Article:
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Publication Date

Summer 2019

Degree Type

Thesis - Campus Access Only

Degree Name

Master of Science (MS)




Sean Laraway


Chronotype, Circadian, Human Factors, PVT, Sleep Deprivation, Sleep Loss

Subject Areas

Psychology; Cognitive psychology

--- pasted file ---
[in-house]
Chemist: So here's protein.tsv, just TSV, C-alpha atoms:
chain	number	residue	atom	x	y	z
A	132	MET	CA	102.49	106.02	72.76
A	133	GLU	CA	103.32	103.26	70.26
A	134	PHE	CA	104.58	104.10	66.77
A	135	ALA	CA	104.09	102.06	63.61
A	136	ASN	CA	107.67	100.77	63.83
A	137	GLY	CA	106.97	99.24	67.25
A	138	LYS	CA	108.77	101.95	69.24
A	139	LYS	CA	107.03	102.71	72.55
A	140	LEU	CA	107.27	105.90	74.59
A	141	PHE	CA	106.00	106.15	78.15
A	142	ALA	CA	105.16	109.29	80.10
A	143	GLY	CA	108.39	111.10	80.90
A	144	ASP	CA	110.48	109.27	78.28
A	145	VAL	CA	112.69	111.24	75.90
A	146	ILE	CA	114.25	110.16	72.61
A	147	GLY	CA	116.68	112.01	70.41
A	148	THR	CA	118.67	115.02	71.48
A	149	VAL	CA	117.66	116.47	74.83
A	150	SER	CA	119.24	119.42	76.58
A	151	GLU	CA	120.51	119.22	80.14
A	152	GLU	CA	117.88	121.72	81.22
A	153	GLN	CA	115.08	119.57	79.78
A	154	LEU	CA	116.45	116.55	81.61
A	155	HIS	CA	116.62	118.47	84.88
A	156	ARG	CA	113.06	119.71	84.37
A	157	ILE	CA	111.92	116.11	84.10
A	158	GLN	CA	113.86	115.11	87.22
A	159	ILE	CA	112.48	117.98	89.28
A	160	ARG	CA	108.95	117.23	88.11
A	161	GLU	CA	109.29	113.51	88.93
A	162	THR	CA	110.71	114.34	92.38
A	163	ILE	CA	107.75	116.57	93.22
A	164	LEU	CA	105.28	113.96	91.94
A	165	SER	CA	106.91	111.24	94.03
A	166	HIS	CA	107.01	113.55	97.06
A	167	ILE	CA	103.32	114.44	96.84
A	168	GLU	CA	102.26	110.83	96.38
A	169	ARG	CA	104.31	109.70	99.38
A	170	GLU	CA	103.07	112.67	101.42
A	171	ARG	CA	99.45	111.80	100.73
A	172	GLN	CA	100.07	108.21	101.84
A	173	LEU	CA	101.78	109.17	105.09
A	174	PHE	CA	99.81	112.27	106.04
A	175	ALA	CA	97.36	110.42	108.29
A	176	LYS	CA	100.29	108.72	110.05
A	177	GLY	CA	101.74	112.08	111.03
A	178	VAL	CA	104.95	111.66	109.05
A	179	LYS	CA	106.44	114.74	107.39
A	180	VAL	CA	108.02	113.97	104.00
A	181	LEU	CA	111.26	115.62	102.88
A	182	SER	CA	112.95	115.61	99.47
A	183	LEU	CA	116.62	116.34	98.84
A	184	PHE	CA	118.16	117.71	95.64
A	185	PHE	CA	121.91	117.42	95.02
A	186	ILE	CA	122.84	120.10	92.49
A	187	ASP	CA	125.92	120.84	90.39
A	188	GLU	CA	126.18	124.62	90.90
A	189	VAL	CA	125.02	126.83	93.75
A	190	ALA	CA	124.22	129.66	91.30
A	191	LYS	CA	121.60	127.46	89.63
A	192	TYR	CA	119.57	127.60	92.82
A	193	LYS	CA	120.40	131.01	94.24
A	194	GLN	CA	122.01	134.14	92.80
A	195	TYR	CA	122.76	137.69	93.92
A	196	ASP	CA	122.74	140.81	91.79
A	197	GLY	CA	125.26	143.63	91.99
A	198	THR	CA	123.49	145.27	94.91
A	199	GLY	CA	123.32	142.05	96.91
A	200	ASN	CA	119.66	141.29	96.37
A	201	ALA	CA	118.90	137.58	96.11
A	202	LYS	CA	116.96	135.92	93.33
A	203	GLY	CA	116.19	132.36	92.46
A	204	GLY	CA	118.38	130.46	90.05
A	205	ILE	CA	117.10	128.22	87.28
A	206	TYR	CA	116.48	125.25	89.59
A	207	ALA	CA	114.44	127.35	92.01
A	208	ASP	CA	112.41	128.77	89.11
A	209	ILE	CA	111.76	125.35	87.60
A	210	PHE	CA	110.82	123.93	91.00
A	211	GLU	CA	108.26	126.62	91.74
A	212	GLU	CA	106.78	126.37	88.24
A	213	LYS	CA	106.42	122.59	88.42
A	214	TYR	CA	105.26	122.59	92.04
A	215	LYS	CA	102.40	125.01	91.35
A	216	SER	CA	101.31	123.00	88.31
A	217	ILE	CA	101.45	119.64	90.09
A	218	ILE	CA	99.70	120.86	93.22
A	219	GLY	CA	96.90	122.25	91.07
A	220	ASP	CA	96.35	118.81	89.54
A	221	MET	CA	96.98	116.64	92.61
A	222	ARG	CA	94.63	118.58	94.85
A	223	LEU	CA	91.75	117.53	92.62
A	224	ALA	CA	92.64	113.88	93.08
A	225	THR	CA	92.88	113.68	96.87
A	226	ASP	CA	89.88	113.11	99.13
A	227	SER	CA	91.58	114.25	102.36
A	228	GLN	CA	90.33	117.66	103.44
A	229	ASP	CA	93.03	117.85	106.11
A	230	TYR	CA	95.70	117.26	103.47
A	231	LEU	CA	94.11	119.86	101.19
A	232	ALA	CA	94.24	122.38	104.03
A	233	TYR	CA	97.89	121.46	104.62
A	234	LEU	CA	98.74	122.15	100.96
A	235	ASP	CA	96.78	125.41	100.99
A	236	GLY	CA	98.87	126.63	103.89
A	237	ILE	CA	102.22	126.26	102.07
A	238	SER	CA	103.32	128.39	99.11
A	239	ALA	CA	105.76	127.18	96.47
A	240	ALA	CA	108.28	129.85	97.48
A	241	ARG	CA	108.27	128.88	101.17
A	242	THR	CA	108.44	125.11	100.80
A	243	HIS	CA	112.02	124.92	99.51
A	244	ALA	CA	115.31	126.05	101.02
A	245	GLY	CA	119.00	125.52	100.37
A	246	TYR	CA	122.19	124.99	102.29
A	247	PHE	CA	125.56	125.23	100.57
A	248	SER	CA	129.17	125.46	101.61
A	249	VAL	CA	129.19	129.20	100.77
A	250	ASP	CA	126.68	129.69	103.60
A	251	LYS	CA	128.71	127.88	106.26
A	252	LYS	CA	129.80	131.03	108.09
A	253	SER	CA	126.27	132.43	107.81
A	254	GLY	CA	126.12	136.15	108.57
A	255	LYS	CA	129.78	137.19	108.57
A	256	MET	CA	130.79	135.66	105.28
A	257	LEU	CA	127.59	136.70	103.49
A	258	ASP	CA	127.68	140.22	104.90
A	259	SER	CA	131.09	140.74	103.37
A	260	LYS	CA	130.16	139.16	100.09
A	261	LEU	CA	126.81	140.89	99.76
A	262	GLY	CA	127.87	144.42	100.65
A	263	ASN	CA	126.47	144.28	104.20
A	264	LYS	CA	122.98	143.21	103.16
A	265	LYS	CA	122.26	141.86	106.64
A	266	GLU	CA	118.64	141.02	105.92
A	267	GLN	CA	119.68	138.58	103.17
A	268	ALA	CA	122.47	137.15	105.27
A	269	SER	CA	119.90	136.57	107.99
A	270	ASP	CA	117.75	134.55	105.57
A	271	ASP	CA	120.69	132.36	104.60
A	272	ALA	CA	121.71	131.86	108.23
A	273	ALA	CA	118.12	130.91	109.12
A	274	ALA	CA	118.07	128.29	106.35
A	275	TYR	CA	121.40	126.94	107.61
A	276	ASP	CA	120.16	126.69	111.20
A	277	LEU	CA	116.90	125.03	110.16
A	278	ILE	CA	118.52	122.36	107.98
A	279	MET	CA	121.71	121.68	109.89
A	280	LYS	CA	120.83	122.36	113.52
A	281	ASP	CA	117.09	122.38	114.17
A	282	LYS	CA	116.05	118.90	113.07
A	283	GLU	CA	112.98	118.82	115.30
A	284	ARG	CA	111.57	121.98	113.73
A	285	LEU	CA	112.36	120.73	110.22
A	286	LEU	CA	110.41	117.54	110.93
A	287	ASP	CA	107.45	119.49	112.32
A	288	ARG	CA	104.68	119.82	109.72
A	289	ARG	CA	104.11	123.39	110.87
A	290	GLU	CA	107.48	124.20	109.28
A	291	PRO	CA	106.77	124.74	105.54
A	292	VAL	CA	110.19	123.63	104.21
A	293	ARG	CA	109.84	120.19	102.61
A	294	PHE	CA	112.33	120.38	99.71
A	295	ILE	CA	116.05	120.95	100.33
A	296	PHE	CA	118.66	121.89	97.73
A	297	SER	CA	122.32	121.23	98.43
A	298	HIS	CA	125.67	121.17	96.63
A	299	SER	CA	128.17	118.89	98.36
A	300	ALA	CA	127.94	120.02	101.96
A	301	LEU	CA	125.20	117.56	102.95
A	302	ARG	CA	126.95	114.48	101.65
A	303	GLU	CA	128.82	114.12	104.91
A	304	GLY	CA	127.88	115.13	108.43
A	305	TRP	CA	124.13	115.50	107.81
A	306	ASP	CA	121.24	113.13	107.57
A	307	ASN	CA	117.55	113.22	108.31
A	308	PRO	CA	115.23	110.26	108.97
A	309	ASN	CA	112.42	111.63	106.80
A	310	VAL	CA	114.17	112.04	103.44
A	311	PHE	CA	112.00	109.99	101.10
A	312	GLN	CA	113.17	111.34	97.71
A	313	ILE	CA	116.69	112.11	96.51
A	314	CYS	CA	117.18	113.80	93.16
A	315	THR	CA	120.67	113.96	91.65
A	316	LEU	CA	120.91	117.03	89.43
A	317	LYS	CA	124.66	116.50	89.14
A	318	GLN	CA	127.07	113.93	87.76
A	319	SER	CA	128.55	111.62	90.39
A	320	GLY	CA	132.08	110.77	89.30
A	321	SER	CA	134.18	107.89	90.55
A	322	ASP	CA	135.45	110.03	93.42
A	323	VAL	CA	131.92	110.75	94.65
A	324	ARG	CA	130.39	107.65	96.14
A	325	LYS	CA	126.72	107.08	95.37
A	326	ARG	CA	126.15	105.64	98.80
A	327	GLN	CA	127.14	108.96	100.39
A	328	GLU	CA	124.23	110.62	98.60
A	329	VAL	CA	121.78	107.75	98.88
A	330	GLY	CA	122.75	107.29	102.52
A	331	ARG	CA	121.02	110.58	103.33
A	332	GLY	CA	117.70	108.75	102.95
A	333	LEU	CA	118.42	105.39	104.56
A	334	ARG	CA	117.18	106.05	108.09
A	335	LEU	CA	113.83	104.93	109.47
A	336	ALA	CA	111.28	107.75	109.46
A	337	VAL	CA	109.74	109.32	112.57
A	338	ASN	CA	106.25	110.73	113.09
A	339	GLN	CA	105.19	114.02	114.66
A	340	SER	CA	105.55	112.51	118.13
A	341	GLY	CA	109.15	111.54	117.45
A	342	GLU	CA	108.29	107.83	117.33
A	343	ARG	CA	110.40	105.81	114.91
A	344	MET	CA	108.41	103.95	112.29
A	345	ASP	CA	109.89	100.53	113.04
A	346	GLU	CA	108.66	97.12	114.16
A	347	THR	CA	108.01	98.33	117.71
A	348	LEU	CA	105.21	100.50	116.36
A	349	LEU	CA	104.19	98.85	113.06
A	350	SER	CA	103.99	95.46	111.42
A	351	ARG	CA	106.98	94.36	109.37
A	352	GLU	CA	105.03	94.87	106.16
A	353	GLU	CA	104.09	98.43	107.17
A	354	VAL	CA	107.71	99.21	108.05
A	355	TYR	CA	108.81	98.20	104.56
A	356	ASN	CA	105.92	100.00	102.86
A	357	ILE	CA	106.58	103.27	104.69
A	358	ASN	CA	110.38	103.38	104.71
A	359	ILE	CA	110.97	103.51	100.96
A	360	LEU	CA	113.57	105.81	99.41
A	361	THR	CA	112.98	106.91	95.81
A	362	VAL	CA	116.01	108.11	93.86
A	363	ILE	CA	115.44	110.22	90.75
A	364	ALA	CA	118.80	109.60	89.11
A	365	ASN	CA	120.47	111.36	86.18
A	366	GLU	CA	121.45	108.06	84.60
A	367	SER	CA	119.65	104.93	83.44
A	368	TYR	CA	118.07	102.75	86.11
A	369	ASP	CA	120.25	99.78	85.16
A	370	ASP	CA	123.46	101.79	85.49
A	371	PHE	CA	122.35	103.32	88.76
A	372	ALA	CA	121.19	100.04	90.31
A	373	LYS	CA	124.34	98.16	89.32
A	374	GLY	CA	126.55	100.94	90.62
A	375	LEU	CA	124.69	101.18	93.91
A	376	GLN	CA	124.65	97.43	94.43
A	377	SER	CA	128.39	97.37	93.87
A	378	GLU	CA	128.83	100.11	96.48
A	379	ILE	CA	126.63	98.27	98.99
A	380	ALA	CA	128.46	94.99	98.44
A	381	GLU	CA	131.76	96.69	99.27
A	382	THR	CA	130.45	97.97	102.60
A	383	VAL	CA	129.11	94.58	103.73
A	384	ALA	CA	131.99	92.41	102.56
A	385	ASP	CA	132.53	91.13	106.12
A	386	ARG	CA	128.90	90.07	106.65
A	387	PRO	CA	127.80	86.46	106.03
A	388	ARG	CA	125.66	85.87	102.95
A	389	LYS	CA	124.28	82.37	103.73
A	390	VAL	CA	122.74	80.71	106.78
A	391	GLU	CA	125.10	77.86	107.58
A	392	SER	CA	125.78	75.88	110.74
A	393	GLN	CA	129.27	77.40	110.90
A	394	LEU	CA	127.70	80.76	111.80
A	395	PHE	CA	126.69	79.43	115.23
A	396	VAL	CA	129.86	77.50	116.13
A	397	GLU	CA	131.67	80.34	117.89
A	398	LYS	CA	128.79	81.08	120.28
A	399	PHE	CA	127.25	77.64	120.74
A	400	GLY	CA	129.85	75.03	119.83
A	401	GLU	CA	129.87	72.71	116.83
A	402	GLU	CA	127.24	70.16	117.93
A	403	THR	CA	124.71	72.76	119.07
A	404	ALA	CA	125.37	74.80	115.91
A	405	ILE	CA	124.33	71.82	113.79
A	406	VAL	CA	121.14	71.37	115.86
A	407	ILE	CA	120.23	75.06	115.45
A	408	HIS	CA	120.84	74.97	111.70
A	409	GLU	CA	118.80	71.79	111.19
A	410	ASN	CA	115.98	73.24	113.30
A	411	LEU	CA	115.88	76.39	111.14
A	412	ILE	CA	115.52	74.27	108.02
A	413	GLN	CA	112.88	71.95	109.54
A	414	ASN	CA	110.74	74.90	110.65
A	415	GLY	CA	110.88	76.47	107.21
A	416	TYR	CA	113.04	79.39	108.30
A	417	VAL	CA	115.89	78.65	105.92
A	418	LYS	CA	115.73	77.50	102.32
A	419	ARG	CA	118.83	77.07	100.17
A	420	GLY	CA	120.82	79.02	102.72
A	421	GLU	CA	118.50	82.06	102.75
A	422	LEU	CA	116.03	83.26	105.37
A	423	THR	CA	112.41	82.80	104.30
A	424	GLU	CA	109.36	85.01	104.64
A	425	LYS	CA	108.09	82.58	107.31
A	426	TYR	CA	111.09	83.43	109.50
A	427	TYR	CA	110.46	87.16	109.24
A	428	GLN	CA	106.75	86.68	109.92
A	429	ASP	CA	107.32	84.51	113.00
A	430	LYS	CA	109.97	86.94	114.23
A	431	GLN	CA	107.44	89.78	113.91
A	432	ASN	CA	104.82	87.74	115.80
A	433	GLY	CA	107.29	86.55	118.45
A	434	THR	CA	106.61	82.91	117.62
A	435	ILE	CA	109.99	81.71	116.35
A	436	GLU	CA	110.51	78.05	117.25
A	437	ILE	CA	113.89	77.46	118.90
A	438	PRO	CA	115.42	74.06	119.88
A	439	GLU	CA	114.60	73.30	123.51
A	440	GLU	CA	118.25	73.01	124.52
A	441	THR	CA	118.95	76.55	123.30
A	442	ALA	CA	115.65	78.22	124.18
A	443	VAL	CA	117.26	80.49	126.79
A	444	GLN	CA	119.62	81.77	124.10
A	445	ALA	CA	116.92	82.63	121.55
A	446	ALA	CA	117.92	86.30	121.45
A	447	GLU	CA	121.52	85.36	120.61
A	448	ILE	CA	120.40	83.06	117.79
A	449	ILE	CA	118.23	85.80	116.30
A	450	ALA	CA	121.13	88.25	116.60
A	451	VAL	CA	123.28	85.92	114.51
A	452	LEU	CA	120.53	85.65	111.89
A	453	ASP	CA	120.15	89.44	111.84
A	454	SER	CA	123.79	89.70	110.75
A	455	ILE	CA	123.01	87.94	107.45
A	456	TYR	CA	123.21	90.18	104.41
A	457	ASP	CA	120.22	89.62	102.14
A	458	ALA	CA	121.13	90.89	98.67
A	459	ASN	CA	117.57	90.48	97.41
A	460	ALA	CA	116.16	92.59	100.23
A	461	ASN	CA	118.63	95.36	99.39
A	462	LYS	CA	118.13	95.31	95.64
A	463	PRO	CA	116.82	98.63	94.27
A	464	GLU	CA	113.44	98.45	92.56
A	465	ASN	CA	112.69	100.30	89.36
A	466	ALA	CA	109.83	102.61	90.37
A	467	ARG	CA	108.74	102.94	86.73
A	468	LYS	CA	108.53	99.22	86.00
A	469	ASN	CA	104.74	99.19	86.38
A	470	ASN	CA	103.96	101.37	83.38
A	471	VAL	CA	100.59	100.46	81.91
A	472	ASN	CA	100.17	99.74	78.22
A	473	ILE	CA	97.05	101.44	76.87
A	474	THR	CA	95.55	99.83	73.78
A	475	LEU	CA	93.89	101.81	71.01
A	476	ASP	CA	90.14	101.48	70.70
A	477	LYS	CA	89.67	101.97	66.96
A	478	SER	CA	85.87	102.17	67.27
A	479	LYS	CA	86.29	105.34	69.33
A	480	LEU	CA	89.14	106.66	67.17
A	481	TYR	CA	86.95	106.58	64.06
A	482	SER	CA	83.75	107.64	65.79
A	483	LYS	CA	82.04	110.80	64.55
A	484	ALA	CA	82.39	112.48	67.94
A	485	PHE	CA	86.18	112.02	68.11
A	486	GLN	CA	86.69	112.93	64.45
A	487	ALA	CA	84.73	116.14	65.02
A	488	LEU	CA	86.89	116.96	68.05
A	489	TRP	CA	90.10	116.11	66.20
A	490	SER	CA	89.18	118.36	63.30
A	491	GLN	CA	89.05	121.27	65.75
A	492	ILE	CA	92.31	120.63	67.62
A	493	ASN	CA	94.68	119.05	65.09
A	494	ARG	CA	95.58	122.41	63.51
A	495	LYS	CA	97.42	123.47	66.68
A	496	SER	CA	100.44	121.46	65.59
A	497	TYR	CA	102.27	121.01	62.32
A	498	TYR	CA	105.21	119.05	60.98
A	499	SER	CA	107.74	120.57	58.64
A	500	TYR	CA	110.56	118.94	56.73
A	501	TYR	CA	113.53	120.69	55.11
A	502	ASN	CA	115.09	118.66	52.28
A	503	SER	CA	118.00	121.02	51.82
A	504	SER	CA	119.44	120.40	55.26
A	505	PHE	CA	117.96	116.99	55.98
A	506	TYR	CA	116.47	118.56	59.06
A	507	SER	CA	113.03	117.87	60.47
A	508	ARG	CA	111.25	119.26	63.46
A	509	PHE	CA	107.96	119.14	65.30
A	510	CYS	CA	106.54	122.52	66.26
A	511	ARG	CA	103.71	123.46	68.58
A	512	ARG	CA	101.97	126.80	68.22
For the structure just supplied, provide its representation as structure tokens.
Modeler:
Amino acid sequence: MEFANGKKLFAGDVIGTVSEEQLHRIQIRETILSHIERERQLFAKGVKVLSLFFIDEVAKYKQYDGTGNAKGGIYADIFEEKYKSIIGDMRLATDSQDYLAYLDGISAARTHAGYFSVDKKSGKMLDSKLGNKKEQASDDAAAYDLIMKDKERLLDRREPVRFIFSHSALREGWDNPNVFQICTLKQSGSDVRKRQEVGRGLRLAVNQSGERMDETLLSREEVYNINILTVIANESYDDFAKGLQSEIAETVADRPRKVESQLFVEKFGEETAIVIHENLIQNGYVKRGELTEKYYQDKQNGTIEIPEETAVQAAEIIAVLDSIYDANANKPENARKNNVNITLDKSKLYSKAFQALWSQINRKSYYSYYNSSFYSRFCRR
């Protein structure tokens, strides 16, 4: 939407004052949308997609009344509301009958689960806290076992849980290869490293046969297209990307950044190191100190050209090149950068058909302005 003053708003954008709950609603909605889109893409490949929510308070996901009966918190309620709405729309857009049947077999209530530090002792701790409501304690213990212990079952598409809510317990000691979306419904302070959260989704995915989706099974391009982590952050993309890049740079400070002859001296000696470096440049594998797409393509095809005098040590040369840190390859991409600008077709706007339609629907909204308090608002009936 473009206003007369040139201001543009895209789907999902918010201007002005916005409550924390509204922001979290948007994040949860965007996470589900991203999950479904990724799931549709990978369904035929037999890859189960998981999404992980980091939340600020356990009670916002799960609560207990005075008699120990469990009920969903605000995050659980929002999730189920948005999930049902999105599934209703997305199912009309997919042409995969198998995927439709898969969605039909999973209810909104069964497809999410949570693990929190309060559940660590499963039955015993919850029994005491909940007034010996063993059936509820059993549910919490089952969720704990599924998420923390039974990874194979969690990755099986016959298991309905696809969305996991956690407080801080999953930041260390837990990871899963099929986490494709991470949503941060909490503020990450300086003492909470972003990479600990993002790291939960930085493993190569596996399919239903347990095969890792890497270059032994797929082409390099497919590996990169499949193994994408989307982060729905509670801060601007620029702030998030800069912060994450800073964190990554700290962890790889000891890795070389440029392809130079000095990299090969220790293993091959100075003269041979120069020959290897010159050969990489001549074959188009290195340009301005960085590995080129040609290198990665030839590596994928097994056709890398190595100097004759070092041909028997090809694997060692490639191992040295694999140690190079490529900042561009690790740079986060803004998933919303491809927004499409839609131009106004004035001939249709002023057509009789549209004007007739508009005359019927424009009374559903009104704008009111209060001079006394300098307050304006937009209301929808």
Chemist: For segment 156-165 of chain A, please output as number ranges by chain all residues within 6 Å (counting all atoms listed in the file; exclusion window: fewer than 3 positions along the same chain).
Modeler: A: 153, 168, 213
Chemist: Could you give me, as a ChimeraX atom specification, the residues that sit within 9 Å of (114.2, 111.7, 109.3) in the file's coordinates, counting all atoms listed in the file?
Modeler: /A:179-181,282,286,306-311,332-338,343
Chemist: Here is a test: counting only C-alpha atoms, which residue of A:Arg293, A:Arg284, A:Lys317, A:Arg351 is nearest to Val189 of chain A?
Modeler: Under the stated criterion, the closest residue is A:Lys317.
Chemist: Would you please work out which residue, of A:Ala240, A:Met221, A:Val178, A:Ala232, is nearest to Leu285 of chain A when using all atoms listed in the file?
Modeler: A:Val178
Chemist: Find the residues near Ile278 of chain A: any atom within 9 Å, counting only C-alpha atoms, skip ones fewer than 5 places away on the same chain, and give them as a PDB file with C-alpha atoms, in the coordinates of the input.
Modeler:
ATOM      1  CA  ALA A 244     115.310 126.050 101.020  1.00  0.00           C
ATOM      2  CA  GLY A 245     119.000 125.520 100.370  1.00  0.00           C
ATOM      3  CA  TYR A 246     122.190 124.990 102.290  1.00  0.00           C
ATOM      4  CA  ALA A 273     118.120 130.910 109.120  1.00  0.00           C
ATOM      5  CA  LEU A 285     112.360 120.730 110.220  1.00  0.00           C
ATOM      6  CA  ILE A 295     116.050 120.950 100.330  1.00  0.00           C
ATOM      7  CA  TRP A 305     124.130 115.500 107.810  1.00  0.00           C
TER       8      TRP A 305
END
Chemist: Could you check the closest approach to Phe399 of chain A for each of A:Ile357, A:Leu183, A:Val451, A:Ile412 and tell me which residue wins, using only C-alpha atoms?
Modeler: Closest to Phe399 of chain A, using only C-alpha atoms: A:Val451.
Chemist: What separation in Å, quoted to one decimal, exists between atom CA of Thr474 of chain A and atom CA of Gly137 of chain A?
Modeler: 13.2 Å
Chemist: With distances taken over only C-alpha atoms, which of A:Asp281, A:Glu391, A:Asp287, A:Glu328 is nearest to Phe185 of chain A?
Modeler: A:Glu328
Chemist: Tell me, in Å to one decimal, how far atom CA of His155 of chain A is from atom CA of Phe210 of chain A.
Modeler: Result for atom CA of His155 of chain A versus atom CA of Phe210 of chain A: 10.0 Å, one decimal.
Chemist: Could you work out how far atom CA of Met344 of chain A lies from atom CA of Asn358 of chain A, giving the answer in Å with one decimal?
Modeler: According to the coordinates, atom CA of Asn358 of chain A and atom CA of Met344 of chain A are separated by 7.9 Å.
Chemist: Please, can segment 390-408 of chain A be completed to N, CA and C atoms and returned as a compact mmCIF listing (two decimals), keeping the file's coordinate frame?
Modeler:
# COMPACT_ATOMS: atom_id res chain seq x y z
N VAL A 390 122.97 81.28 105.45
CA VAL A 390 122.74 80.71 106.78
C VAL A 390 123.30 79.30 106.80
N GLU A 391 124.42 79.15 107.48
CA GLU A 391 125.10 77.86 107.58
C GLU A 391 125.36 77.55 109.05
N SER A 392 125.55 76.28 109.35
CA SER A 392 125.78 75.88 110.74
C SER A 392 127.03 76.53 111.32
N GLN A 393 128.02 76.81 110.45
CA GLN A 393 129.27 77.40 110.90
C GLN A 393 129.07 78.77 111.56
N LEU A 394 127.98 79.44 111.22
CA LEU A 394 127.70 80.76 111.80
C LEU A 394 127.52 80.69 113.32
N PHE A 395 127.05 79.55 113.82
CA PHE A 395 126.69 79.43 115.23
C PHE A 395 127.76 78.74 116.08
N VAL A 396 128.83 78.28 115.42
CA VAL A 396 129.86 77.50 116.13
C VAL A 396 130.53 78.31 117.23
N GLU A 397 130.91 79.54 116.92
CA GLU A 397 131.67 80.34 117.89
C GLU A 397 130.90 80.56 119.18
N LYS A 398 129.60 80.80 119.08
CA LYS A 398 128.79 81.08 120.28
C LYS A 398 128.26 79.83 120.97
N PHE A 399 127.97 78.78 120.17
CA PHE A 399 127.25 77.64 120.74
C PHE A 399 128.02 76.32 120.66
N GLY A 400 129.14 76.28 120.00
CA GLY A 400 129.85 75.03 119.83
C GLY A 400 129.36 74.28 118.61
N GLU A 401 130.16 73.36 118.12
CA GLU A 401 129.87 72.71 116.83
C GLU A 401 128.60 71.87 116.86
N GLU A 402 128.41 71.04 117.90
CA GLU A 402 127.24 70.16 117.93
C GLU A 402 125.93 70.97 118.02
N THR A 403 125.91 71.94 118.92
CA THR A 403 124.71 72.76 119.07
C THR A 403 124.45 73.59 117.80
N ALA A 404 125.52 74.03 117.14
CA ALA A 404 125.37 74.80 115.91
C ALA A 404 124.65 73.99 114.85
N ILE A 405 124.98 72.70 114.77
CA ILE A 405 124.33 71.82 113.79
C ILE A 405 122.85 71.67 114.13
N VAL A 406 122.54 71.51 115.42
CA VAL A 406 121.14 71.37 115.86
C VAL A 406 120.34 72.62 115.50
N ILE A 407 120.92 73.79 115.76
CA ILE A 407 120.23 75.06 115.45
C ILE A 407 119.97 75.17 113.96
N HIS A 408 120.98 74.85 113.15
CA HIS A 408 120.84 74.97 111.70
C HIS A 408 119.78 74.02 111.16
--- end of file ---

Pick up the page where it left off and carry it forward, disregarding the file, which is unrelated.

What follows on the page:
Morning and evening chronotypes have been used to classify individuals into categories that represent differences in endogenous circadian preferences and periods of peak performance. This study investigated the influence circadian chronotype has on psychomotor vigilance test (PVT) performance during a 45-day spaceflight analog sleep restriction experiment. Twenty healthy participants (ages 29-55; 11 males) were restricted to five hours of sleep during weekdays and eight hours of sleep on weekends. Every third day, participants completed five PVT sessions throughout the day. PVT data of interest were compared from the first and last mission day of each sleep condition. PVT measures analyzed were mean response time (RT), mean speed (1/RT), and mean lapses. Mean RTs were faster overall for evening chronotypes regardless of the mission day or sleep condition. Mean speed was faster and mean lapses were fewer for evening chronotypes. A mixed effects ANOVA determined that there was no significant three-way interaction between circadian chronotype, sleep condition, and mission day. There was a significant difference between performance on the first and the last mission day of a sleep condition. For all chronotypes, performance was poorer on the last mission day after having experienced many days of chronic sleep deprivation. These results suggest that circadian chronotype does not have a large effect on individual performance, but confirms that chronic sleep deprivation over time impairs cognitive performance.